Launch Slideshow

Western Red Cedar Architectural Design Award Winners

Western Red Cedar Architectural Design Award Winners

  • http://www.residentialarchitect.com/Images/WRCLA-Combs%20Point%20Residence%5B1%5D_tcm48-654452.JPG

    true

    600

    Courtesy the Western Red Cedar Lumber Association

    Combs Point Residence, Ovid, N.Y., by the Wilkes-Barre, Pa., office of Bohlin Cywinski Jackson.Sited in a forest glen along the banks of a lake, this family retreat comprises several buildings connected by an elevated boardwalk. A certain degree of transparency in each building connects the interiors to the landscape, assisted by the use of red cedar as structural material, exterior cladding, and interior finishes. Read more about this project.

  • http://www.residentialarchitect.com/Images/WRCLA-Wood%20Block%20Residence%5B1%5D_tcm48-654450.JPG

    true

    600

    Courtesy the Western Red Cedar Lumber Association

    Wood Block Residence, Mercer Island, Wash., by the Seattle office of Chadbourne + Doss Architects.The redesign of this 1962 residence grounds the structure to its site. Living spaces were opened to allow for large gatherings and long perspectives through the house, and modern materials were blended with natural elements applied in a modern way. Western red cedar planks cover the original ceiling and one wall, adding warmth and connecting interiors with the wooded site. Read more about this project.

  • http://www.residentialarchitect.com/Images/WRCLA-Entreehuis%5B1%5D_tcm48-654454.JPG

    true

    600

    Courtesy the Western Red Cedar Lumber Association

    Pilot Dwelling Het Entreeheuis, Gramsbergen, The Netherlands, by Bureau B+B, Amsterdam.A pilot project on the Groote Scheere country estate, this house draws on local agricultural buildings for its spare form, loftlike interior plan, and materials. Western red cedar was used for the structure and for a unique shell and shutter system. Cladding panels of red cedar, oiled black, are positioned slightly out of alignment, instead of lapped, to allow slips of light to penetrate the structure, while vertical and horizontal shutters control light and open the residence to the landscape. Read more about this project.

  • http://www.residentialarchitect.com/Images/WRCLA-Bernal%20Park%20Restroom%5B1%5D_tcm48-654451.JPG

    true

    600

    Courtesy the Western Red Cedar Lumber Association

    Bernal Park Restroom Building, Pleasanton, Calif., by Mark Cavagnero Associates, San Francisco.This public building's residential scale and elegant form blend seamlessly with its prominent park setting, providing an attractive restroom and storage facility. A ribbon of staggered glass panels pulls light inside and gives the roof a floating appearance. Horizontal cedar siding wraps the exterior of the rectangle and is finished with a semi-transparent, pale gray stain and graffiti-resistant coating.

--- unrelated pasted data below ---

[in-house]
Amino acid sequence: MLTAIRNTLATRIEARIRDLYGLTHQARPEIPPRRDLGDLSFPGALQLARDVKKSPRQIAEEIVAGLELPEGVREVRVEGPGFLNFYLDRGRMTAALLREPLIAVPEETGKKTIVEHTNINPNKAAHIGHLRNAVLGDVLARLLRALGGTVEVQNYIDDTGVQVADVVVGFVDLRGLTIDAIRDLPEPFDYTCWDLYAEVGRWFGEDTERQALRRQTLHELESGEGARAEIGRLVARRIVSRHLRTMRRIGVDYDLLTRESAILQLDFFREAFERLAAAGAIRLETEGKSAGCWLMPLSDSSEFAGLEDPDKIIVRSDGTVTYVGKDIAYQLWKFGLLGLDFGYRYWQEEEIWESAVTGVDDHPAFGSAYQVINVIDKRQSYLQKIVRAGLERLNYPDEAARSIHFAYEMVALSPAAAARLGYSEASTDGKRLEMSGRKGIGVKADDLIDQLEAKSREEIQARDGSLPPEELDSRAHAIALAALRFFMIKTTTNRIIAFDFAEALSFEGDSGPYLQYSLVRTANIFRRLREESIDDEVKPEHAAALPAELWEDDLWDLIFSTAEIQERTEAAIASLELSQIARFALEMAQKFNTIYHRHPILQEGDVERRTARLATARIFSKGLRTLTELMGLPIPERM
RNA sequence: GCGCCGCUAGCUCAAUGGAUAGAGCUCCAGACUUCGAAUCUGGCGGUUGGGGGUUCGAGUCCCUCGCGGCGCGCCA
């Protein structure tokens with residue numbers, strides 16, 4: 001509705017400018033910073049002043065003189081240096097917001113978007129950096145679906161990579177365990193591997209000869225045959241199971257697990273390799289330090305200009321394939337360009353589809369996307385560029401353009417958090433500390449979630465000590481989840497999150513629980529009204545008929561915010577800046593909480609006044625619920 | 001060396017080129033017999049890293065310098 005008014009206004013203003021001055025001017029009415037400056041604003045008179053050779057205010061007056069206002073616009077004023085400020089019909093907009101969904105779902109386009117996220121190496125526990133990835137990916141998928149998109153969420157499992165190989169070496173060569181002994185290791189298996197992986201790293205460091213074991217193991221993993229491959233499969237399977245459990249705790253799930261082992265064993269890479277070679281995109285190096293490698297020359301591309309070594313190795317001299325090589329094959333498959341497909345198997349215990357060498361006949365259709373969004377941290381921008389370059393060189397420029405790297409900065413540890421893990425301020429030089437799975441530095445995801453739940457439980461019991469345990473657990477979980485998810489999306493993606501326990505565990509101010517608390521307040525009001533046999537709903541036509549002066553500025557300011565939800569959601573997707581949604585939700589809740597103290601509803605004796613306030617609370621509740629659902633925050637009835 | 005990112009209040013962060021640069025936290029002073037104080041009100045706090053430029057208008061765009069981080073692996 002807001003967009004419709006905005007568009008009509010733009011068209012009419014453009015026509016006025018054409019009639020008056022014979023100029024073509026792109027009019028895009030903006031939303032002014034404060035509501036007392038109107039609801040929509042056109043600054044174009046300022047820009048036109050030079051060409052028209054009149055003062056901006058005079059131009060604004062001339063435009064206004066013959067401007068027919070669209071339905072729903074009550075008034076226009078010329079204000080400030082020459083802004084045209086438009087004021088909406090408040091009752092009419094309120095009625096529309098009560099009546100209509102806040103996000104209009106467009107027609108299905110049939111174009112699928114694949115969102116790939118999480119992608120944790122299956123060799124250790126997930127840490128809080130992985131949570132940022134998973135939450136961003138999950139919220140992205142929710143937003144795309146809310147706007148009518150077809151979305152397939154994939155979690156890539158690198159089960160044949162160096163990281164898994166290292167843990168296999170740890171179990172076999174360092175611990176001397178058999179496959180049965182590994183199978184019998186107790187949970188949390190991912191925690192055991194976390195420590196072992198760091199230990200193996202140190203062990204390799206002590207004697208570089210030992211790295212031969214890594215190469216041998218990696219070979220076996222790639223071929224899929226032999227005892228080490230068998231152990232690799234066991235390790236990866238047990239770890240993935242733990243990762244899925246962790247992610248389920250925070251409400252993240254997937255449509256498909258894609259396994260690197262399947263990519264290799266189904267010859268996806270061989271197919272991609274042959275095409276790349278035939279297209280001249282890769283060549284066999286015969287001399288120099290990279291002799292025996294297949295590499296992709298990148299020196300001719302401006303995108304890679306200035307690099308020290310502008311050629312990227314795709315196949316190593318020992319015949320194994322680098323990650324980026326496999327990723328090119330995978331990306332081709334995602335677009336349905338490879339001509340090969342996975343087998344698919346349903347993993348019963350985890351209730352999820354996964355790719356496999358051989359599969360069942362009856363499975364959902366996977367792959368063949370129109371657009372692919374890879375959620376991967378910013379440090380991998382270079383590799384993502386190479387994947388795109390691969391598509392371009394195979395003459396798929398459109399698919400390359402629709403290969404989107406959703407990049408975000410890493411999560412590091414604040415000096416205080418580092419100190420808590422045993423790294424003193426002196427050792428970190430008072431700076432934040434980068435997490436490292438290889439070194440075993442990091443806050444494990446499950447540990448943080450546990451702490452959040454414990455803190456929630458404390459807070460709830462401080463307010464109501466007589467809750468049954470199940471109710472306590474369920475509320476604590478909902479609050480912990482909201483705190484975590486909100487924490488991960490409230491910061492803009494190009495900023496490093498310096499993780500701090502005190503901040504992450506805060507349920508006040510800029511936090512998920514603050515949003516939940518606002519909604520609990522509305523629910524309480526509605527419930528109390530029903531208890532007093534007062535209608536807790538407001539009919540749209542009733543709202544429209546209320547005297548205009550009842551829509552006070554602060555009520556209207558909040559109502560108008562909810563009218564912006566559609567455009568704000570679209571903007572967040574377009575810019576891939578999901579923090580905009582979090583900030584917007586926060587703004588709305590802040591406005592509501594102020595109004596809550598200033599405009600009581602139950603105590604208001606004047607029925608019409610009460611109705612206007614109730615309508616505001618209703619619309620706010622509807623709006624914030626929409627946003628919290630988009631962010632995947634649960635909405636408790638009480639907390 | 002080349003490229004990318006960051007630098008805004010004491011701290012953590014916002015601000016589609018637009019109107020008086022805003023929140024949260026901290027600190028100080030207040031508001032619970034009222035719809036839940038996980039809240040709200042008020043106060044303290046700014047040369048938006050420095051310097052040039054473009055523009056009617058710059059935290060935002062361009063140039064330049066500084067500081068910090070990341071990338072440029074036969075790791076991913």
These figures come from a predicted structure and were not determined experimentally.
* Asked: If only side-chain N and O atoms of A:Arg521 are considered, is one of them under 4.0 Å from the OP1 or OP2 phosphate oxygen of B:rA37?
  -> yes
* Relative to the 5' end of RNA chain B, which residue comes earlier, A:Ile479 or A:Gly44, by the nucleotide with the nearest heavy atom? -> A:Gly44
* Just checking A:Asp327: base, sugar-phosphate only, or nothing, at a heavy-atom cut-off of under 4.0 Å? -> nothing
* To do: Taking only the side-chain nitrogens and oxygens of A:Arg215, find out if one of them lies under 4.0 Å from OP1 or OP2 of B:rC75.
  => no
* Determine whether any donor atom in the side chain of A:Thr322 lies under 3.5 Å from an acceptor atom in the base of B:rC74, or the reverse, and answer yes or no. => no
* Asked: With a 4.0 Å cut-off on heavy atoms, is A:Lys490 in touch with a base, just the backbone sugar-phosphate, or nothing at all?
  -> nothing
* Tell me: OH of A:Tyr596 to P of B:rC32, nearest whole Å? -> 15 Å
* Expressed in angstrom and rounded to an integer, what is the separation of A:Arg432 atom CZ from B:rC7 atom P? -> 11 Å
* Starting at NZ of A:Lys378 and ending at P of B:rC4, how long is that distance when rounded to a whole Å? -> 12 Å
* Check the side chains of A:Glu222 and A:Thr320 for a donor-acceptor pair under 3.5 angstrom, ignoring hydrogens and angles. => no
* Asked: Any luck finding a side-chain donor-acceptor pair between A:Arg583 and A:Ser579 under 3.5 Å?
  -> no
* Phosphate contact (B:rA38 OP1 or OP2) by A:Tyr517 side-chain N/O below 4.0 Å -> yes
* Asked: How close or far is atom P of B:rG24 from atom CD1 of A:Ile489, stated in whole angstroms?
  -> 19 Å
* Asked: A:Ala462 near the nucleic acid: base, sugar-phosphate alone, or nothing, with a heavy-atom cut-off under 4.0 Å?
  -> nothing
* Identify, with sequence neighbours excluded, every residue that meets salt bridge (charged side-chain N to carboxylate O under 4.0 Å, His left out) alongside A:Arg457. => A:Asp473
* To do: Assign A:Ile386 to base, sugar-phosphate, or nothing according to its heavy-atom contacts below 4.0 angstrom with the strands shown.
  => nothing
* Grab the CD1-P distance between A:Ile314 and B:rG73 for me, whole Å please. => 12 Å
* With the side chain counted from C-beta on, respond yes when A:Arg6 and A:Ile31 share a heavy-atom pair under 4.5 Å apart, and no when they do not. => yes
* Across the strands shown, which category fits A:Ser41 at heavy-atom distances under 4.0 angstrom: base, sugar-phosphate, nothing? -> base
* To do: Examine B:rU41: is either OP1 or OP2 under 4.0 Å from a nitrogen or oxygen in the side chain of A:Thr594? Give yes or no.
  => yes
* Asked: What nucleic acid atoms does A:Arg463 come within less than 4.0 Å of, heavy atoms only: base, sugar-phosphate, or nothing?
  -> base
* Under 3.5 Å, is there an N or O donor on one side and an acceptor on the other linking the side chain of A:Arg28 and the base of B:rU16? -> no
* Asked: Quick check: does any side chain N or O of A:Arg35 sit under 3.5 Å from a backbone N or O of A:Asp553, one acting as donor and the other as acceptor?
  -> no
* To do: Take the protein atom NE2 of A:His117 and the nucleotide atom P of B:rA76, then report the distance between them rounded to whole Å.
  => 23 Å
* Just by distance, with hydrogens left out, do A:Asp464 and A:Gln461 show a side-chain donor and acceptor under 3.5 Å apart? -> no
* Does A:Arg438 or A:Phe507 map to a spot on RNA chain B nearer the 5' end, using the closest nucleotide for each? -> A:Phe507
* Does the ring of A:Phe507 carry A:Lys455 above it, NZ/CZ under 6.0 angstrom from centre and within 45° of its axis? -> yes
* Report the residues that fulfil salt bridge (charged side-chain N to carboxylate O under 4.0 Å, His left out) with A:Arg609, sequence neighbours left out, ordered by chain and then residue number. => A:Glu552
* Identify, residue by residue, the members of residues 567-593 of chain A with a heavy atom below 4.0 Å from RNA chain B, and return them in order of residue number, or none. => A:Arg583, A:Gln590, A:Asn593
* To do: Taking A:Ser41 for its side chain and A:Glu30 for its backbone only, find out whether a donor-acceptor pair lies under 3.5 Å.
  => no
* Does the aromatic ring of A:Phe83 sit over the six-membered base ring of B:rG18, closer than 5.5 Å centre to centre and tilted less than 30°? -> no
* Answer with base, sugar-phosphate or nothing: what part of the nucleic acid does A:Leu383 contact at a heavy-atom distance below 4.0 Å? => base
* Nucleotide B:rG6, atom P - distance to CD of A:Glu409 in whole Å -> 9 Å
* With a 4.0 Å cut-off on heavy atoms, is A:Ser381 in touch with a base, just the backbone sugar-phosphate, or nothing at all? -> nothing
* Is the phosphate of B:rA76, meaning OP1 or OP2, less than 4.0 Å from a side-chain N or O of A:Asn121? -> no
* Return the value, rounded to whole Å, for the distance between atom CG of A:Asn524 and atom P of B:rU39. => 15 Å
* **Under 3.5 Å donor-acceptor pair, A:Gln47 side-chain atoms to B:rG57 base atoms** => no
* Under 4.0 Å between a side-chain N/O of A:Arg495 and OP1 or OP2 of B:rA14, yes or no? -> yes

• http://www.residentialarchitect.com/Images/WRCLA-Research%20Biomedical%20Complex%5B1%5D_tcm48-654456.JPG

    true

    600

    Courtesy the Western Red Cedar Lumber Association

    Research Medical Complex of Barcelona, Spain, by Albert de Pineda Alvarez of Pinearq Estudi D'Arquitectura and Manuel Brullet Tenas of Brullet-de Luna Arquitectes, both in Barcelona.Red cedar slats form the outer layer of a double-skinned façade of the building, visually shaping its elliptical form. The slats also protect the building's transparent inner skin from solar heat gain while allowing daylighting. More than 44,000 red cedar slats—cut as trapezoids to shed water—are stacked in alternating rows. This slat-panel cladding is penetrated along every floor every six panels with a vertical space to allow fire brigade access.

  • http://www.residentialarchitect.com/Images/WRCLA-First%20Peoples%20House%5B1%5D_tcm48-654455.JPG

    true

    600

    University of Victoria First Peoples House, Victoria, British Columbia, by Alfred Waugh Architects, West Vancouver, British Columbia.Inspired by Coast Salish longhouses, this post-and-beam structure houses a student union, lounges, study areas, classrooms, and ceremonial spaces. Salvaged vertical-grain red cedar is the primary cladding for the building exterior, and interiors are clad and finished entirely in cedar, as well. Carved cedar house posts, carved ceremonial doors and panels, and woven cedar panels all are reminiscent of traditional longhouse interiors. Read more about this project.

Durable, beautiful, natural, and renewable—these words can be used to describe many species of wood. But they are particularly applicable to the wood of thuja plicata, or western red cedar, when it plays a starring role in the design of a building.

To celebrate the wood’s versatility, the Vancouver, British Columbia–based Western Red Cedar Lumber Association (WRCLA) holds an annual architectural design competition recognizing high-quality projects that creatively and prominently employ western red cedar.

A jury of three architects selected six projects as the winners of the 2010 Western Red Cedar Architectural Design Awards. Jury members were: Katherine Chia, AIA, partner at Desai/Chia Architecture in New York; Martin Finio, AIA, partner at New York–based Christoff:Finio Architecture; and Alfred Zollinger, principal at Matter Practice in Brooklyn, N.Y. Jurors commended the winners for their diverse applications of western red cedar.

The winners of the 2010 Western Red Cedar Architectural Design Awards are:

For project details, launch the playlist.